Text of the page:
Celebrity Pay Gap

Wealthy female celebrities are complaining about being paid millions of pounds less than their male colleagues. Why should we care? And is sexism really to blame for this gender pay gap or could it have more to do with the box office?


Female celebrities demanding equal pay.
Actresses, sports stars and BBC presenters are leading the charge.
But do their salaries owe more to the box office than to sex discrimination?

Hi. I’m Leon Hawthorne. A hundred years after the suffragettes won women the right to vote, their celebrity sisters are demanding equal million dollar salaries to their male co-workers.

In Hollywood, ‘American Hustle’ star Jennifer Lawrence complained her male co-stars were getting paid more than her… something she learned about through hacked emails.

In sport, female tennis players have only recently won equal prize money to the men at the big tournaments.

And closer to home, the publication of BBC presenter salaries has led to female stars challenging the Corporation over its gender pay gap.

Clearly, pampered celebrities are not the top of anyone’s list of deserving causes, especially when they’re complaining about annual salaries that most people won’t earn in a lifetime.

Nonetheless, it’s worth examining the merits of their argument about pay discrimination.

These women work in the entertainment industry. One way or another, their income depends on their ability to attract an audience.

The fact is more people will go to see a movie starring Mark Wahlberg or Dwayne ‘The Rock’ Johnson than one starring Emma Stone or Jennifer Aniston. That’s why those men earn more money.

Remember the movie ‘The Hangover’ starring Bradley Cooper about a stag weekend in Vegas. Well, there another movie called ‘Girls Trip’ with a similar theme. The first ‘Hangover’ movie grossed almost $300 million at the box office, close to three times that for ‘Girls Trip’.

Now that’s just one example, of course. But cinema audiences don’t flock to see women in lead roles as much as they do men. The female remake of ‘Ghostbusters’ is another good example.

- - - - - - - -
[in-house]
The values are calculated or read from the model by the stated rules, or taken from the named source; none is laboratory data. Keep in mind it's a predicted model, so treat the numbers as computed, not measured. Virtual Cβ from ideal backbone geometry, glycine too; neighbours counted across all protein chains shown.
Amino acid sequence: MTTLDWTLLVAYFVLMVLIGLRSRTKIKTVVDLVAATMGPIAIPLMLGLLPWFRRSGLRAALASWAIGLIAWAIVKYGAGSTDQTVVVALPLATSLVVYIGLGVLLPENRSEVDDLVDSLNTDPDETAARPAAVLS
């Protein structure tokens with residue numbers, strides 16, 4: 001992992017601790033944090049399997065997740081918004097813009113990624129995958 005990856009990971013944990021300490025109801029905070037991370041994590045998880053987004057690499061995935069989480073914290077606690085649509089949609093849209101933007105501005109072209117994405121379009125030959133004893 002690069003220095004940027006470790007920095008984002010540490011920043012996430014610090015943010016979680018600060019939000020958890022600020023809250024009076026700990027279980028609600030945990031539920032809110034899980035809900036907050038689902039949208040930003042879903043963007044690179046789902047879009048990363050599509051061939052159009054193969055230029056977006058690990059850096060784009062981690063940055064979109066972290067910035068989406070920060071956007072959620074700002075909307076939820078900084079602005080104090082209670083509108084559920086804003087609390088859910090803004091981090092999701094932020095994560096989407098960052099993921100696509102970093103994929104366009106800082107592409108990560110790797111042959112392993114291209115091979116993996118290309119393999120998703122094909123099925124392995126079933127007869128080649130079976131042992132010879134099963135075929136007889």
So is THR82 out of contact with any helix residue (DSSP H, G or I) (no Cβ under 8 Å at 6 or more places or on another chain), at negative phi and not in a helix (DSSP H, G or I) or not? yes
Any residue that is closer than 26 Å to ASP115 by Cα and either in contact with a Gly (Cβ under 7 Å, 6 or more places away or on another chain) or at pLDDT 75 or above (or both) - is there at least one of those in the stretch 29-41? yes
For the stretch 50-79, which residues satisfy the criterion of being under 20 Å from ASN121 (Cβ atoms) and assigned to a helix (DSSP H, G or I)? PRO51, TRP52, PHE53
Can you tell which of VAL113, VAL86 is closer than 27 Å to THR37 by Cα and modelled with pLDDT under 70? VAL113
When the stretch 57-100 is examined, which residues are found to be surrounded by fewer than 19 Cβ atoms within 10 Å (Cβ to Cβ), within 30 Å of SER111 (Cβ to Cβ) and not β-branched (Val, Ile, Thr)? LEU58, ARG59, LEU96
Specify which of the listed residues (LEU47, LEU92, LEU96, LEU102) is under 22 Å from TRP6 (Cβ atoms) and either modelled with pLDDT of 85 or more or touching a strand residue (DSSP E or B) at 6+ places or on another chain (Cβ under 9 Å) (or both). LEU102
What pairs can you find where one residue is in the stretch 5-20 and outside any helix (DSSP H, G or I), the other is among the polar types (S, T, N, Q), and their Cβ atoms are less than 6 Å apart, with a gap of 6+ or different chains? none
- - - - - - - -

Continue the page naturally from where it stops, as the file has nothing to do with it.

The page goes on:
Hollywood producers are not philanthropists. They make movies to make money and the male lead actors attract bigger audiences than the women. That’s why they pay them more money.

Of course, there are some huge female stars who get paid more money than some male stars for the same reason… their personal pulling power, not their gender.

Most big popular sports on TV feature male athletes. Most sports broadcasting is watched by men. Even the women who watch sports mostly watch male, not female sports.

Take Wimbledon. This year’s Men’s Final attracted 6.4 million TV viewers, whilst the Women’s Final got just 4.7 million viewers.

And yet the women got the same prize money. Both the male and female champions were paid £2.2 million.

But television is all about the ratings. Ratings equals money. An audience of 6.4 million brings in 36% more advertising revenue than an audience of 4.7 million.

I know Wimbledon is shown on the BBC in the UK, which does not rely on advertising. But this is a general rule that applies to television, globally, which is primarily reliant on ad revenue.

In the wider economy, there is virtually no gender pay gap for people under 30, where men earn 5% more than women. However, there is a parenting pay gap, which opens up when some women choose to have babies and leave the full-time job market.

Actress, Jennifer Lawrence blamed herself for earning less money than her male co-stars because she says she tried too hard to be liked and didn’t push hard for a better deal.

That sentiment is true for other women, who lack self confidence in the work place and don’t ask their bosses for a big pay rise. Guess what, your boss generally doesn’t like to give money away. So, if you don’t ask, you don’t get.

I say to all women: stop whining about sexism and tell your boss to “show me the money”, but make sure you can show him or her the value you bring to the business to justify it.

I’m Leon Hawthorne. Thanks for watching.

Published by videobite2021

Journalist, broadcaster, media executive, academic, author.